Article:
I'm often asked why I shoot so many of my photos using medium format. I mean, it's SO heavy, right?
Yes. It's pretty heavy, even compared with a Nikon D5 with a long lens attached. But I didn't get into photography for comfort. I got into photography for perfection. Now, I realize I'm extremely far off from ever having taken a "perfect" picture, but that is always the goal. Medium format makes that more possible in several ways.
Tonal range is probably the most important to me. When you shoot with medium format, the sensor is much larger than a full frame or APS-C DSLR. Even though you can buy very high resolution DSLRs, they are cramming the pixels into a much smaller space. That means the DSLR, while it may even have the same megapixels as medium format, simply can't collect as much light. Larger pixels collect more light and produce less noise. On the Hasselblad H5D-50c, the pixel size is 5.3 microns. On a comparable DSLR, that is around 4 microns. That's a huge 28% difference in final product. This equates to 14 stops of dynamic range in a 16 bit file.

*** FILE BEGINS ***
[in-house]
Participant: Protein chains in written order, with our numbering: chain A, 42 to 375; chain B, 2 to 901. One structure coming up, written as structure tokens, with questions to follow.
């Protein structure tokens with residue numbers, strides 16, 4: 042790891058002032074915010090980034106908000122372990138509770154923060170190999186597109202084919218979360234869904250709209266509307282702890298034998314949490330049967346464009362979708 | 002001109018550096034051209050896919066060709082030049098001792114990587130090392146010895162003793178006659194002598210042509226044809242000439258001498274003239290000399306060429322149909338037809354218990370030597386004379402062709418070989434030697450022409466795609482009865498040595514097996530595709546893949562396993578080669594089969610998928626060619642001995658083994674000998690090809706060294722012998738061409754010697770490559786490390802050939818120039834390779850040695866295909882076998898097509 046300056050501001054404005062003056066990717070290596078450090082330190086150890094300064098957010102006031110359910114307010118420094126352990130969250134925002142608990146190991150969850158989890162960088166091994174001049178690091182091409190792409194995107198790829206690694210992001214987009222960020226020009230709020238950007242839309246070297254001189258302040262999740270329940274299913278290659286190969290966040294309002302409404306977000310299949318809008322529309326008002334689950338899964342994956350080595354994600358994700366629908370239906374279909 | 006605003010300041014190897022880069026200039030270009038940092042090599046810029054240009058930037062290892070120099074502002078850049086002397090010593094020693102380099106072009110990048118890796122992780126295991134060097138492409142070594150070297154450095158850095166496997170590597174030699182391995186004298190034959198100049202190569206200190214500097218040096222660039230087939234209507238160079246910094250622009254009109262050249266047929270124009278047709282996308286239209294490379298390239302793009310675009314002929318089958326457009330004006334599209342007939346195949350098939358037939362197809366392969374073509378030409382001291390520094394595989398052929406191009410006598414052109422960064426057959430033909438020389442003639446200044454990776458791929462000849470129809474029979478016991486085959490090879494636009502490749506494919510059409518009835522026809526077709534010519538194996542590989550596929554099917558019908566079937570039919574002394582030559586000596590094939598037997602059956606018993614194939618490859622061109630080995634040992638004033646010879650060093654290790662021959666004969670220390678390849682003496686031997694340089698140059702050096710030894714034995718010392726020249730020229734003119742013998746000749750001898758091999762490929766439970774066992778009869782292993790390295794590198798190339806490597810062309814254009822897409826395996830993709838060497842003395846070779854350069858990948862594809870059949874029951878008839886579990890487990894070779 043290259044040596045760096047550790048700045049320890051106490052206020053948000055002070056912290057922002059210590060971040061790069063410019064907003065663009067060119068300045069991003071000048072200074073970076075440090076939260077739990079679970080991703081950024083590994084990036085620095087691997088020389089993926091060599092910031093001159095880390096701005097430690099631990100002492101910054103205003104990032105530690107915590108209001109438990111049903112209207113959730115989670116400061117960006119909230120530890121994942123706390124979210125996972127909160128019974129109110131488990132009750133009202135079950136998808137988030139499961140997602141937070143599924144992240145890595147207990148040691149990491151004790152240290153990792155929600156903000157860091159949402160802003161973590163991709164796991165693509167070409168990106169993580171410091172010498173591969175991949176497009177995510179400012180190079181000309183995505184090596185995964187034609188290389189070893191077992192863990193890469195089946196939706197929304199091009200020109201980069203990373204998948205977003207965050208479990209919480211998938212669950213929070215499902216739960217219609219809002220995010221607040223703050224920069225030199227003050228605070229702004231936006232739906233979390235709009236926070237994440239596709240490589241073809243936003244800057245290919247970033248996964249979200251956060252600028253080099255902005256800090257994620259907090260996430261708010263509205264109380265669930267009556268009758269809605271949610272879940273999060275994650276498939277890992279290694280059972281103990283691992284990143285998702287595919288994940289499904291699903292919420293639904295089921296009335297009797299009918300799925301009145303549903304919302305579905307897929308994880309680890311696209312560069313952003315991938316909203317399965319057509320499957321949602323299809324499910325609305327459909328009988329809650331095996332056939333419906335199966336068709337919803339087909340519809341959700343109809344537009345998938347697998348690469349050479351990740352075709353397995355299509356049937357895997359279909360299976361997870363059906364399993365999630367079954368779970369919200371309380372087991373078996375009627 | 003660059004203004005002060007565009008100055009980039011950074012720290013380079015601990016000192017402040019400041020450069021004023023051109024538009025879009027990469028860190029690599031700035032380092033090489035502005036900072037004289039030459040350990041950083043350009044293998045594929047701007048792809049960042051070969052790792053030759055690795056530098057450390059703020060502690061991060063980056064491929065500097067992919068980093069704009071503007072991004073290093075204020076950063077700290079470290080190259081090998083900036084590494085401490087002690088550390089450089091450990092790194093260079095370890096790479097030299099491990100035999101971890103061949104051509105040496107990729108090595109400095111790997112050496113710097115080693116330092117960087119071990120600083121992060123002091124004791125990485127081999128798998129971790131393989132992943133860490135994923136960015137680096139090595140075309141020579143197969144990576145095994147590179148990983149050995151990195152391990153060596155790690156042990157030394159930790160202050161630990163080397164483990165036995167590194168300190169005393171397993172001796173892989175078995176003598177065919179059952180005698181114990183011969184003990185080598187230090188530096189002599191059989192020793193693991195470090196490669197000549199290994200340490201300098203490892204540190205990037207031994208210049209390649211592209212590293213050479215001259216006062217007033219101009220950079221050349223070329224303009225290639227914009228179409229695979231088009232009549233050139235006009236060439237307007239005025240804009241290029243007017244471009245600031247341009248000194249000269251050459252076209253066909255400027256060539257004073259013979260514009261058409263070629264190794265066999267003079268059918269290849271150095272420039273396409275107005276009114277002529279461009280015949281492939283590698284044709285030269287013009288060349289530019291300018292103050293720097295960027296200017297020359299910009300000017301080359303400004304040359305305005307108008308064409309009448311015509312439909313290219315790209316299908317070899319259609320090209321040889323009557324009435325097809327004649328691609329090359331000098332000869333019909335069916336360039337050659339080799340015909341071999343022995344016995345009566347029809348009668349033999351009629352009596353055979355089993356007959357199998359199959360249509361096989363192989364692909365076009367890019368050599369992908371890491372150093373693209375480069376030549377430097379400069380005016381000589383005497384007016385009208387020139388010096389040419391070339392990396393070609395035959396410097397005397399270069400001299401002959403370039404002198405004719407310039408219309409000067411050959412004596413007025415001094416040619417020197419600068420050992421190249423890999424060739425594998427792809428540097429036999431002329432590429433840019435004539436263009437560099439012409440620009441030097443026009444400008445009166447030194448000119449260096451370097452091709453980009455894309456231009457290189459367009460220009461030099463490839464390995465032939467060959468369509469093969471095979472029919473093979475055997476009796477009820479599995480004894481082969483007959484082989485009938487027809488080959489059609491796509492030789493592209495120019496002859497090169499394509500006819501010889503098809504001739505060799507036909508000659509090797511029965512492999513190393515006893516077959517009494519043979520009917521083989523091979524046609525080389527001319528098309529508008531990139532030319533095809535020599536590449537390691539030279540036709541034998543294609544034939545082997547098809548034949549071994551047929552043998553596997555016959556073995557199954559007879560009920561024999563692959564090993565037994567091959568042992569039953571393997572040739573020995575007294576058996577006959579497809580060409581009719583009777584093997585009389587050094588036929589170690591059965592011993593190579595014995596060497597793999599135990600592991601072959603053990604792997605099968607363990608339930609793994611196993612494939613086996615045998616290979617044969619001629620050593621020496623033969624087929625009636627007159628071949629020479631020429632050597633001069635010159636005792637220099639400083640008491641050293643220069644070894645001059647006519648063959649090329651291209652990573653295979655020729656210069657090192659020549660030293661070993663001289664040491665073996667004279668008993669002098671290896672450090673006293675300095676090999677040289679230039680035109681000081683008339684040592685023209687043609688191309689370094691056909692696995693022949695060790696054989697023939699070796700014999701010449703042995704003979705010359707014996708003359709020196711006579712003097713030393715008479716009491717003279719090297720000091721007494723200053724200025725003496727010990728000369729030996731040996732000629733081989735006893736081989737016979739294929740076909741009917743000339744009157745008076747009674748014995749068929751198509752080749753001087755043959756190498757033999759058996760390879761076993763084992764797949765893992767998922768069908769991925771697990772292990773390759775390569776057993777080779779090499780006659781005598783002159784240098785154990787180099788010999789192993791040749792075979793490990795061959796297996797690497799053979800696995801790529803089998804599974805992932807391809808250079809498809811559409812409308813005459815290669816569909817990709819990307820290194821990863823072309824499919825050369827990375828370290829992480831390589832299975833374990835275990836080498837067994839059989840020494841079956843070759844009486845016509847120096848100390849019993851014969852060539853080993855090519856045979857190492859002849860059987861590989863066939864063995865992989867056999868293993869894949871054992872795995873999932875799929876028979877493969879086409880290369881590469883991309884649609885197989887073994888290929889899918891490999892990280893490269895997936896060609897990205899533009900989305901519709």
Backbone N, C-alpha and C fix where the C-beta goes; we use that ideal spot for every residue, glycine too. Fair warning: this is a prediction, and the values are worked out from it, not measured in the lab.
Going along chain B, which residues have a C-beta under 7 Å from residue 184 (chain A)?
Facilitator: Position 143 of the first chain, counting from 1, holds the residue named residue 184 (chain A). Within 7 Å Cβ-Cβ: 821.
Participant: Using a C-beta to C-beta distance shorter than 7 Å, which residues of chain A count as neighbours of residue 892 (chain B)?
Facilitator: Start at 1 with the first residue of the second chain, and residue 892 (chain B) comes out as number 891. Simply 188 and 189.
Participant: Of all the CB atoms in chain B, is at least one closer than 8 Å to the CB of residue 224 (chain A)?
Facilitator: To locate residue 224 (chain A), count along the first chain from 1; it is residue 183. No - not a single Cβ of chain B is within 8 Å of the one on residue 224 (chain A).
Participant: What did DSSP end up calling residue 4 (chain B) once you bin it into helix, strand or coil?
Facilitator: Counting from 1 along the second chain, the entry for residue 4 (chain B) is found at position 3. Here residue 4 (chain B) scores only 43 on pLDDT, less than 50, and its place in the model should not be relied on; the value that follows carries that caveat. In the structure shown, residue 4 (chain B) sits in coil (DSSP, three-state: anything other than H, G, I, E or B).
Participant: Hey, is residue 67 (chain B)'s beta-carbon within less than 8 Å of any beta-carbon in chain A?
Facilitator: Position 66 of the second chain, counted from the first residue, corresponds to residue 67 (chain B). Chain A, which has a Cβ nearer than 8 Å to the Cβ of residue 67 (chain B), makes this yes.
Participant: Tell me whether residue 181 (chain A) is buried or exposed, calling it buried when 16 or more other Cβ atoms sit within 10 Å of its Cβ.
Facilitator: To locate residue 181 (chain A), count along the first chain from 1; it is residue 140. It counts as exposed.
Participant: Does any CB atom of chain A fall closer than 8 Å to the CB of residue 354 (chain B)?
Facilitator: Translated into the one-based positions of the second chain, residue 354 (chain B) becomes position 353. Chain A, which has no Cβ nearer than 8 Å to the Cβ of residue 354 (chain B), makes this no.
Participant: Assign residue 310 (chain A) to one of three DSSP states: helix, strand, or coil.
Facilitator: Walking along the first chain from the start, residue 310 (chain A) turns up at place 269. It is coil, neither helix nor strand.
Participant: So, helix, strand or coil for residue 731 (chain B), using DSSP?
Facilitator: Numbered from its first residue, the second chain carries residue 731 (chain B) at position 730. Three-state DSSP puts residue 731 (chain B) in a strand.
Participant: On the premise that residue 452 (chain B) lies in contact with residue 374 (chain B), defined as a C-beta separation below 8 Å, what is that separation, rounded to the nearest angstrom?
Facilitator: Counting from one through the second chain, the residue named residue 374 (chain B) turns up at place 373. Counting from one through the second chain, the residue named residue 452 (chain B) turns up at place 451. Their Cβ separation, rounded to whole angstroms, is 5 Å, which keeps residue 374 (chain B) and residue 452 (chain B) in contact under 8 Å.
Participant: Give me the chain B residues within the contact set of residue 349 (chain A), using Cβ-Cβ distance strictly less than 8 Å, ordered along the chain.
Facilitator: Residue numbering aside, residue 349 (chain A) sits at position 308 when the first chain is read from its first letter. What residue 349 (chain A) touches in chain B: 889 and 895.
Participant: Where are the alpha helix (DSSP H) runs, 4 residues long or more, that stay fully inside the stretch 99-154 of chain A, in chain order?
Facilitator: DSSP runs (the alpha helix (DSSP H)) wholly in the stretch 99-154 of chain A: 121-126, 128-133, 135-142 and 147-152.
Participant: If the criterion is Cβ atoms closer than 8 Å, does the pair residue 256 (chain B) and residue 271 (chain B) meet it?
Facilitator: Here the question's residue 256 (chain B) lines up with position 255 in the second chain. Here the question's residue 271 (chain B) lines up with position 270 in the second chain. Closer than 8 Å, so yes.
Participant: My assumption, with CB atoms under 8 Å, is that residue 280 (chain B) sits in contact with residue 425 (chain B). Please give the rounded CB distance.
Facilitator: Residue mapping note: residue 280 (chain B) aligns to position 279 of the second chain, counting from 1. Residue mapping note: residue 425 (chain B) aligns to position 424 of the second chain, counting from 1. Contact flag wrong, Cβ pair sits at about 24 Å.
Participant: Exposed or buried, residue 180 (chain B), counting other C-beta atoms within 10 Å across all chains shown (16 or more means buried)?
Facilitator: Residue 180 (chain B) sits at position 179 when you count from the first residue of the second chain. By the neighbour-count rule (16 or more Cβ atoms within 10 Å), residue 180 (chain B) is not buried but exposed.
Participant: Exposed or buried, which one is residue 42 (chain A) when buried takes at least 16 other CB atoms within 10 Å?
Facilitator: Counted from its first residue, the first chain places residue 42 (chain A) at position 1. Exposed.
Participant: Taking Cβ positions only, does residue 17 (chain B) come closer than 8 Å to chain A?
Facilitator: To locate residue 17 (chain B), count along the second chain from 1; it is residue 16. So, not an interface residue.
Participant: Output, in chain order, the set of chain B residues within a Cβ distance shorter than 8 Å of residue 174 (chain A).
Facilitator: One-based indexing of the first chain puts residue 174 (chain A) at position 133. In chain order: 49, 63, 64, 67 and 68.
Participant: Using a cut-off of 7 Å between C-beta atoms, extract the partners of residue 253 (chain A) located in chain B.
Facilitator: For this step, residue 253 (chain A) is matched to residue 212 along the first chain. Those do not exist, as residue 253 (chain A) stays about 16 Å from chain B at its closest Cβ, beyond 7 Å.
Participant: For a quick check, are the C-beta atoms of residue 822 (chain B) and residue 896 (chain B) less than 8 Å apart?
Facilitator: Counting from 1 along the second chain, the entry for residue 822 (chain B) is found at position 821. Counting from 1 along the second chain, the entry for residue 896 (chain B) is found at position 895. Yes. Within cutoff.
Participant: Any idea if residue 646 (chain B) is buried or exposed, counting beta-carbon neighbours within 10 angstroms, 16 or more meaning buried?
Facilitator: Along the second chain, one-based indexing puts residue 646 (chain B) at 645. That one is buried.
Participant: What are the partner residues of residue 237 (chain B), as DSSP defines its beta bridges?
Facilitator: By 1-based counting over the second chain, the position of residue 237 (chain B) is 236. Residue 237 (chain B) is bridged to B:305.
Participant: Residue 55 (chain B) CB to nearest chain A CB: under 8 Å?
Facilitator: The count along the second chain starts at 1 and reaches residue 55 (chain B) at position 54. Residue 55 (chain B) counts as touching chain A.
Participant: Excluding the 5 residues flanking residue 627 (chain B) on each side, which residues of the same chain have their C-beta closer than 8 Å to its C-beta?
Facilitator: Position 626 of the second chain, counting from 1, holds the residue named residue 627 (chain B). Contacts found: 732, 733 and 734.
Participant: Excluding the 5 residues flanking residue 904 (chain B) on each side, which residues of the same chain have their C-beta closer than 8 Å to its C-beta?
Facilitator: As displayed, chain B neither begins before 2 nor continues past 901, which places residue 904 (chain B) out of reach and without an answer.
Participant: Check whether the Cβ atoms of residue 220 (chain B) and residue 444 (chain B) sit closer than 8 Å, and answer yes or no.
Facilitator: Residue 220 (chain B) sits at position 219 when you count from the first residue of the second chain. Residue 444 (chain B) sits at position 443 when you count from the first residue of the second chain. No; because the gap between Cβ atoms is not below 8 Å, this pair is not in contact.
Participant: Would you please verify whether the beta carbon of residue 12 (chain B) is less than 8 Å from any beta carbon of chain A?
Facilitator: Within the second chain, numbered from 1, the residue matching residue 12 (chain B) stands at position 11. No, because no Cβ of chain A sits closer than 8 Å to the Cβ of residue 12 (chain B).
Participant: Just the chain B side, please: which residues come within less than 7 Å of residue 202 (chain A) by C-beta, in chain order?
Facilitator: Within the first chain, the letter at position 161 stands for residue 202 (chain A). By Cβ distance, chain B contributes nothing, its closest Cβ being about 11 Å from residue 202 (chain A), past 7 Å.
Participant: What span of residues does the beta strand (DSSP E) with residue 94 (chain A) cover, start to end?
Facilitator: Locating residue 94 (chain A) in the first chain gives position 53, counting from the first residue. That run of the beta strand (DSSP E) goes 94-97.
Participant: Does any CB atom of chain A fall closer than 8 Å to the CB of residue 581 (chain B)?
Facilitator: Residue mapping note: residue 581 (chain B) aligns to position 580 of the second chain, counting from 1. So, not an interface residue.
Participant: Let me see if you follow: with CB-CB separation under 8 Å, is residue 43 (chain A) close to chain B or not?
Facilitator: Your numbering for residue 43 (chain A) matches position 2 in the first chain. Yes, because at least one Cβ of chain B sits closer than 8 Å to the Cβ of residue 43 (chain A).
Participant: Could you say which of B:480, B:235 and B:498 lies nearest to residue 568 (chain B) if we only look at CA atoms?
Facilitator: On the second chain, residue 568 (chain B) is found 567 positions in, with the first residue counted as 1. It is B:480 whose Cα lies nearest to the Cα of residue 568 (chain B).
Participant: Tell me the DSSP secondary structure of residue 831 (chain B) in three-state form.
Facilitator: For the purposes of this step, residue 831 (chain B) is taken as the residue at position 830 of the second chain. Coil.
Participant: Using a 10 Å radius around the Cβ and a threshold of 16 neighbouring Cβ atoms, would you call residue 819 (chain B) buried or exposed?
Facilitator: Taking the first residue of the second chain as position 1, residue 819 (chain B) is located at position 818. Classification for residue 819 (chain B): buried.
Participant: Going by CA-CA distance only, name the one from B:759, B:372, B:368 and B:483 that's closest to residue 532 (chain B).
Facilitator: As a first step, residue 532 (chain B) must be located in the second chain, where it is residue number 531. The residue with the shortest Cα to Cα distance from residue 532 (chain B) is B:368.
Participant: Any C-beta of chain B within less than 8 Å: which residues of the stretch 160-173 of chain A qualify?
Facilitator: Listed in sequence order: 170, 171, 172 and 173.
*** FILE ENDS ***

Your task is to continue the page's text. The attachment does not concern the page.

Depth of field. There's a fair amount of debate about the actual physics of depth of field in medium format vs DSLR. However, the proof of medium format's dominance is evident in every photo. The fact that medium format lenses can be so large is exactly the reason. Large lenses are much simpler to design and build (although much more expensive). Cramming optics into a smaller space requires compromises that medium format just doesn't have to make.
Certainly DSLR photography has it's place. When I shoot weddings, the actual ceremony and reception are always shot with DSLR. Medium format is not remotely suited for action. However, when I do formals and bridal portraits, you can bet you'll see the Hassy in my hand.